Earthquake

There are two seismic zones that stretches through Illinois, which cause earthquakes in the state.

A map of the United States highlights the silhouette of the State of Illinois and shows a yellow gradient to illustrate the impact of the seismic zones

 

Tips to Help Prepare for an Earthquake

  • Look around your area and decide where the safe spots are: under sturdy tables, desks, or against inside walls.
  • Determine where the danger areas are: near windows, hanging objects, tall unsecured furniture (bookcases, cabinets, and appliances), and chemical sites. Most casualties in earthquakes result from falling materials.
  • Store ­flammable and hazardous chemicals in proper cabinets.
  • Keep breakables and heavy objects on lower shelves whenever possible. Make sure latches on cabinets, process tanks, storage tanks, and closets are secured.

During an Earthquake

What to do in case of an earthquake
  • Drop!
    Drop to the ground immediately.
  • Cover!
    Take cover under a sturdy table or desk.
  • Hold On!
    Hold on until the shaking stops. If there is not a table near you, cover your face and head with your arms and crouch in an inside corner.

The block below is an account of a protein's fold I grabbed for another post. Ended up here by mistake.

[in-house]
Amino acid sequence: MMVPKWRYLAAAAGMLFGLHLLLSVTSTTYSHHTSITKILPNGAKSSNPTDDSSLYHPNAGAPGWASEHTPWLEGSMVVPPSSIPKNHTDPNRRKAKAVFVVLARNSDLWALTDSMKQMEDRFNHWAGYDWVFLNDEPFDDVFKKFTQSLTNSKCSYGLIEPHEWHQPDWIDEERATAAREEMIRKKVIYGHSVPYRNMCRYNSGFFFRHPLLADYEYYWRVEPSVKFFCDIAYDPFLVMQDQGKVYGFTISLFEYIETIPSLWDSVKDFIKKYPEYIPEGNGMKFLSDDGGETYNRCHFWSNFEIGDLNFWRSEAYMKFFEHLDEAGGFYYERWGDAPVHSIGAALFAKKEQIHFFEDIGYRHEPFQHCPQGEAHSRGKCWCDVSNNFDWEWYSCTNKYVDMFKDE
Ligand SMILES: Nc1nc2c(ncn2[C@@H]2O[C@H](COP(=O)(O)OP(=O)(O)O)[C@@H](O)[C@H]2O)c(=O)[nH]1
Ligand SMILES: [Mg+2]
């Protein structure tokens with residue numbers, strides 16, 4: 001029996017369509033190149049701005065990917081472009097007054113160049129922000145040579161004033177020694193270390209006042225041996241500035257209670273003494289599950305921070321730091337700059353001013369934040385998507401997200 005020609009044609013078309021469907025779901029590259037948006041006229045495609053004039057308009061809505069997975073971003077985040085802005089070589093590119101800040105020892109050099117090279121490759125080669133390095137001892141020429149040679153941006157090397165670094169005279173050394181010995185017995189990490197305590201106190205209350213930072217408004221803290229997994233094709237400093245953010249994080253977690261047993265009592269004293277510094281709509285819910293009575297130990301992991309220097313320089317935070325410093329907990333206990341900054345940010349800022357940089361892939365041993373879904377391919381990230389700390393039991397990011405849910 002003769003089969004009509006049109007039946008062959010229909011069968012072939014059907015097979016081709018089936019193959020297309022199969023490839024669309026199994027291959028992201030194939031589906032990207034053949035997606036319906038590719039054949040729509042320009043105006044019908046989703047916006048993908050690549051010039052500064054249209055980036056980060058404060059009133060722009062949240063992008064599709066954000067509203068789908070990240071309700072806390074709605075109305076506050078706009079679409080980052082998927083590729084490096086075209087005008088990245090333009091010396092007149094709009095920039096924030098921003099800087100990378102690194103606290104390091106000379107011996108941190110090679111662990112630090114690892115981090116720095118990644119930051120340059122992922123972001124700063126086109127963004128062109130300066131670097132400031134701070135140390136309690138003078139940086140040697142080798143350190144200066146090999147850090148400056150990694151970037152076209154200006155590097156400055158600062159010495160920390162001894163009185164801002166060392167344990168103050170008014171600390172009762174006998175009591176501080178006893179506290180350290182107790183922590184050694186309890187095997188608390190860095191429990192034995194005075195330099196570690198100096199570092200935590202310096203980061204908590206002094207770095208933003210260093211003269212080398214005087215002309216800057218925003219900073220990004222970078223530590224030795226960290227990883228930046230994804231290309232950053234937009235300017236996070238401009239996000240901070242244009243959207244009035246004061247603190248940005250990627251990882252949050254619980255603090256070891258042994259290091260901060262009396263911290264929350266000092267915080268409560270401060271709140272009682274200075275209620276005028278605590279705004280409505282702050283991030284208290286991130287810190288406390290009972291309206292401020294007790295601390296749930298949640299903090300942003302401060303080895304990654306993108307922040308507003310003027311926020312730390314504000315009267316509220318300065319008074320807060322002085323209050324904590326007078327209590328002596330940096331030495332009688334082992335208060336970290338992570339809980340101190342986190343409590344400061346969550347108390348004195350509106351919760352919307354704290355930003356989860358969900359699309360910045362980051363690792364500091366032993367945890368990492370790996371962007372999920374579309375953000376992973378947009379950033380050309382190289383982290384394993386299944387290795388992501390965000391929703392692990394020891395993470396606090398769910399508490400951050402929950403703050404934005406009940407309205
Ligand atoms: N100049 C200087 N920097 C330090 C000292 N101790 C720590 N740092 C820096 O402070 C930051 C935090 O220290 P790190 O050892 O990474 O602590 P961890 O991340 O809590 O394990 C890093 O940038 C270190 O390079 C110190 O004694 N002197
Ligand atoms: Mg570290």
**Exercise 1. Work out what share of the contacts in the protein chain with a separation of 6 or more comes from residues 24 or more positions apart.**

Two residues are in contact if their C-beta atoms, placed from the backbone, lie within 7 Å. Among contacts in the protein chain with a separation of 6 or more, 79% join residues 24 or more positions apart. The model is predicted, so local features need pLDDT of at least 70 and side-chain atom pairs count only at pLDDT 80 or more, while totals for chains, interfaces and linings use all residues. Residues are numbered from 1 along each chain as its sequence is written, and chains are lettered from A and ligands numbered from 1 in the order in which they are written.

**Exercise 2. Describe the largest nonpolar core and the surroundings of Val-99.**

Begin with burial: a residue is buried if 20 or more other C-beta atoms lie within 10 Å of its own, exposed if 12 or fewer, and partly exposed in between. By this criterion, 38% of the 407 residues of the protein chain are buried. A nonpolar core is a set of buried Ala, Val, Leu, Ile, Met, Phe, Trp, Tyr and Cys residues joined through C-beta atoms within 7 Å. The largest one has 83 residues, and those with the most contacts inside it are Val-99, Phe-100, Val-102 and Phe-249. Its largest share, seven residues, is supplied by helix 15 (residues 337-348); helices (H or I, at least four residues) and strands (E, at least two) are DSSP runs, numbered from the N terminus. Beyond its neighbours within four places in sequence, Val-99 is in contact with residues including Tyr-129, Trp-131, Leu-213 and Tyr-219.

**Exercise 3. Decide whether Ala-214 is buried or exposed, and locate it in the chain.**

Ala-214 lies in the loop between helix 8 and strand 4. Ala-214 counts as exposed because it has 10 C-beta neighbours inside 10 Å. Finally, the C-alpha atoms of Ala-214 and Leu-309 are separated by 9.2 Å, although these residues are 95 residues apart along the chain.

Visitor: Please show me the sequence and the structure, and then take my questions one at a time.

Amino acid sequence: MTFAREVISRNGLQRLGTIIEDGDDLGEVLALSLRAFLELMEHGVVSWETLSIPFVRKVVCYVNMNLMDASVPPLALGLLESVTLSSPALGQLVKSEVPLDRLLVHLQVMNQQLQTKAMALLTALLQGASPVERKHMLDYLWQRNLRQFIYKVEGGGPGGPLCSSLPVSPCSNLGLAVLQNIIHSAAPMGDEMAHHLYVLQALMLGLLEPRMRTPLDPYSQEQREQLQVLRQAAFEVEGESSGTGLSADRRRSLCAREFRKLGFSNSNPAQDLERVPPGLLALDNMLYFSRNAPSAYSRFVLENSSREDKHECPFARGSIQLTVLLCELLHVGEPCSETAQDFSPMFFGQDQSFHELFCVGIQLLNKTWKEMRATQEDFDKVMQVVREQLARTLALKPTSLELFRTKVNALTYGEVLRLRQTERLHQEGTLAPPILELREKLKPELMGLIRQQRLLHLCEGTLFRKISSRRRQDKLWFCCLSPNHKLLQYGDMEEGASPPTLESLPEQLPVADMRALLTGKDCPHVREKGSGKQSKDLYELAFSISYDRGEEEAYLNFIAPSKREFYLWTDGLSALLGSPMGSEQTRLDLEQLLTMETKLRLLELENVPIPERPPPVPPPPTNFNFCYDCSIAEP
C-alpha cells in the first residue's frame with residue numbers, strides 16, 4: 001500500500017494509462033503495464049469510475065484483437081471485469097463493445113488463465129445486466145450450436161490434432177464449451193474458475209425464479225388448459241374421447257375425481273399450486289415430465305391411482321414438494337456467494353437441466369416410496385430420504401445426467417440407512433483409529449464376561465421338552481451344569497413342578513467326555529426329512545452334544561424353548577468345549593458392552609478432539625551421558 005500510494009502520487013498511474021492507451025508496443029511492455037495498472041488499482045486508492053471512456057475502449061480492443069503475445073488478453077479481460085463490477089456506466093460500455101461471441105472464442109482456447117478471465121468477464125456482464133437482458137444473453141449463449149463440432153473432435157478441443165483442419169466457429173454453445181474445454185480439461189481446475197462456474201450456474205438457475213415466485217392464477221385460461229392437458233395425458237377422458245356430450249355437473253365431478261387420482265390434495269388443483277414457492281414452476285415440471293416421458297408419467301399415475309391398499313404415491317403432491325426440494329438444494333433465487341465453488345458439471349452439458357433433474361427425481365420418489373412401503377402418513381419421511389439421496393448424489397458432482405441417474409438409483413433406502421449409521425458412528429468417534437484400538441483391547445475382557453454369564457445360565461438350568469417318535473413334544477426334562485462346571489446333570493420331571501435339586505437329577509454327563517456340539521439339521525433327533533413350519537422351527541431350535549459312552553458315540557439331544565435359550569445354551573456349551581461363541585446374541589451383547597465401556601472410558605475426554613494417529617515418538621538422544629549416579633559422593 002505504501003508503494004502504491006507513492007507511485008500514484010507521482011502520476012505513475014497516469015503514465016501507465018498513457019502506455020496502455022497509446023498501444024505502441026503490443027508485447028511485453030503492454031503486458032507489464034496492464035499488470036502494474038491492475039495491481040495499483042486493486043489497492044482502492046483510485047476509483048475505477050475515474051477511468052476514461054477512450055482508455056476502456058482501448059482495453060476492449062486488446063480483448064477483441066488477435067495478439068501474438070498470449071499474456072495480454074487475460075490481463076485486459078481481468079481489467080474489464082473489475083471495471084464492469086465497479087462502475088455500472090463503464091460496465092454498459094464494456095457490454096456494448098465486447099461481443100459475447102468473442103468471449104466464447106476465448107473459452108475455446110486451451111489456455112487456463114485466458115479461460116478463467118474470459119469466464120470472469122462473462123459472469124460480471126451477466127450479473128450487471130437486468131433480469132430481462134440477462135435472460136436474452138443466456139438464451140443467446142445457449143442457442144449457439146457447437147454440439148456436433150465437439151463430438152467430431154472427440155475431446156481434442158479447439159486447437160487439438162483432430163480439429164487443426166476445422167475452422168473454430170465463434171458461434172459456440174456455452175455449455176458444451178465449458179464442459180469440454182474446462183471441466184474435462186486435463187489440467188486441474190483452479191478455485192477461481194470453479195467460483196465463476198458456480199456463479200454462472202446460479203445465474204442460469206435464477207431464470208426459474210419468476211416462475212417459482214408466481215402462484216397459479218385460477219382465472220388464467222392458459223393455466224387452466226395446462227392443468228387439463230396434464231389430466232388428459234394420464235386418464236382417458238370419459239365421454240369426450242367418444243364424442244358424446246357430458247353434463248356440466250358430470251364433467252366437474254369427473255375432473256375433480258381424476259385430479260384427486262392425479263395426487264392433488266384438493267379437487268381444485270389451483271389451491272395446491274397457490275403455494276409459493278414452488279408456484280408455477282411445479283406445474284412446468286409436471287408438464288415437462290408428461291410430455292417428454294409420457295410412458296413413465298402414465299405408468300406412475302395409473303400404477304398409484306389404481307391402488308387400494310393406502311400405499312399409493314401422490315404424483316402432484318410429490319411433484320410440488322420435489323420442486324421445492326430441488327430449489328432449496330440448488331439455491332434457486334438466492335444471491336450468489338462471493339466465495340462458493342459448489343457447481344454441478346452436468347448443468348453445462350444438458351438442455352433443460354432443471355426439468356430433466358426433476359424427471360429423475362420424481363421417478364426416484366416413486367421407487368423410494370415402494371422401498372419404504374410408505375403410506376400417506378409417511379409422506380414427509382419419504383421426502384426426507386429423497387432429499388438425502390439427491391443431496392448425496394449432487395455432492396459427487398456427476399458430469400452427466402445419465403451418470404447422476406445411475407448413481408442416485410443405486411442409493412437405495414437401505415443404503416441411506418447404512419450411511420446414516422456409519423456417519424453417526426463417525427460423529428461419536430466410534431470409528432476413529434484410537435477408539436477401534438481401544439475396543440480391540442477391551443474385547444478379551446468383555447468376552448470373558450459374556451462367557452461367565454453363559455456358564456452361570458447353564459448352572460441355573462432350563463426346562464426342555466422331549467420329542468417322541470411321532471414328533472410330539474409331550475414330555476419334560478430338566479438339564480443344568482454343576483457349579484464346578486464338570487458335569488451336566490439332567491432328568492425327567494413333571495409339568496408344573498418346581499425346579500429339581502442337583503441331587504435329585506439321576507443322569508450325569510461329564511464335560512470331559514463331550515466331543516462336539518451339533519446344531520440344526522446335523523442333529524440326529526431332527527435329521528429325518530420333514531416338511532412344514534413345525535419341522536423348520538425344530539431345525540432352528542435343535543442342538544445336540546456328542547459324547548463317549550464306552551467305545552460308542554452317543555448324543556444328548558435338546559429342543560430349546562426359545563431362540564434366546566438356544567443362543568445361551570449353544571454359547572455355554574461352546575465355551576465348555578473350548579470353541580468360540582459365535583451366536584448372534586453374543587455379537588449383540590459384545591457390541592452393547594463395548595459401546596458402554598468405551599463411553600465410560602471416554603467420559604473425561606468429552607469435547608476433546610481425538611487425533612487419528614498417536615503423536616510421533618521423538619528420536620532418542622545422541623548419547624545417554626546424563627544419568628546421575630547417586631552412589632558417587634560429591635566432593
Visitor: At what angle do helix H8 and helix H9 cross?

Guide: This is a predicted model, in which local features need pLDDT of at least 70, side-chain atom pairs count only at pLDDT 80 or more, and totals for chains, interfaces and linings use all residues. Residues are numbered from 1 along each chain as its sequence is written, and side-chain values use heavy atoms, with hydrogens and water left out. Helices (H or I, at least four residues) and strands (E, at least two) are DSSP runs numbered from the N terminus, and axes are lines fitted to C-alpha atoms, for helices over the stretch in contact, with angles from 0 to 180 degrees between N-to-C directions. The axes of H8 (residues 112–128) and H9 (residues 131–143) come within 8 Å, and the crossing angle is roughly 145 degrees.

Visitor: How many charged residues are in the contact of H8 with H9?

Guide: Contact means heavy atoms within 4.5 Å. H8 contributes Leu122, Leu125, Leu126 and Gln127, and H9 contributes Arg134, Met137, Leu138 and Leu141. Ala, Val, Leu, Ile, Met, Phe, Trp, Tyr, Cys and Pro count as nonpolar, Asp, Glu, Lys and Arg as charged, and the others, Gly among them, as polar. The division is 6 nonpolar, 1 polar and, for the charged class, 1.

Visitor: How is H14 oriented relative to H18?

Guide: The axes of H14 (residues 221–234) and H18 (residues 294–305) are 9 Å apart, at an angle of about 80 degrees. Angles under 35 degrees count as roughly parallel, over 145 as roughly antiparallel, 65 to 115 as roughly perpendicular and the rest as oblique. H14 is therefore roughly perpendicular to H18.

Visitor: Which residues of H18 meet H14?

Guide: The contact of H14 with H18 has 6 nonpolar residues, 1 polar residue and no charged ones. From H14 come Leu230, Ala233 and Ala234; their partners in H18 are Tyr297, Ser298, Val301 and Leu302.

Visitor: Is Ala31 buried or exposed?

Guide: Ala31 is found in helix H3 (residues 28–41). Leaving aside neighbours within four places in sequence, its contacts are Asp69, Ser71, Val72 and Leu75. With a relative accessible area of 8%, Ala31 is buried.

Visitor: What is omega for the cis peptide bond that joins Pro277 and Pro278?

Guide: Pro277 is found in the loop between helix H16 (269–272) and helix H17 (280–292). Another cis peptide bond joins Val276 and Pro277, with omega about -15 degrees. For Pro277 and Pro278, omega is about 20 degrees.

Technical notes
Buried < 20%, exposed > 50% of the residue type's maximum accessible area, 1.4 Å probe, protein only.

• If you are outside, move away from structures, power poles, or other possible hazards. Stay in an open area. During the shaking, DO NOT move for exits or attempt to leave the building, because heavy objects or debris may be falling.
  • ­DO NOT stand in a doorway – it offers no greater protection.
  • ­DO NOT use elevators.

After an Earthquake

  • ­When the shaking stops, check for injuries to personnel in your area. DO NOT attempt to move seriously injured persons unless they are in immediate danger. Render ­first aid.
  • ­Check the area for safety hazards. Begin evacuation procedures.
  • ­Exit the building and go to the area designated by the UIC Police Department. Report injuries, damage, and potentially hazardous conditions.
  • ­Be prepared for aftershocks. Earthquakes sometimes occur in a series of tremors, which could last for a period of several days. Each time you feel an aftershock, drop, cover, and hold on.
  • ­Be alert for gas and water leaks, broken electrical wiring, downed electrical lines, or ruptured sewer lines. Whenever possible, turn the utility off at the source.
  • ­Examine walls, floors, doors, staircases, and windows. Open cabinets cautiously and beware of objects that can fall off shelves. Clean up spilled medicines, bleaches, gasoline, or other flammable liquids immediately (use a Material Safety Data Sheet (MSDS) to determine proper cleanup).
  • ­DO NOT reenter damaged buildings until they are examined and considered safe by emergency personnel.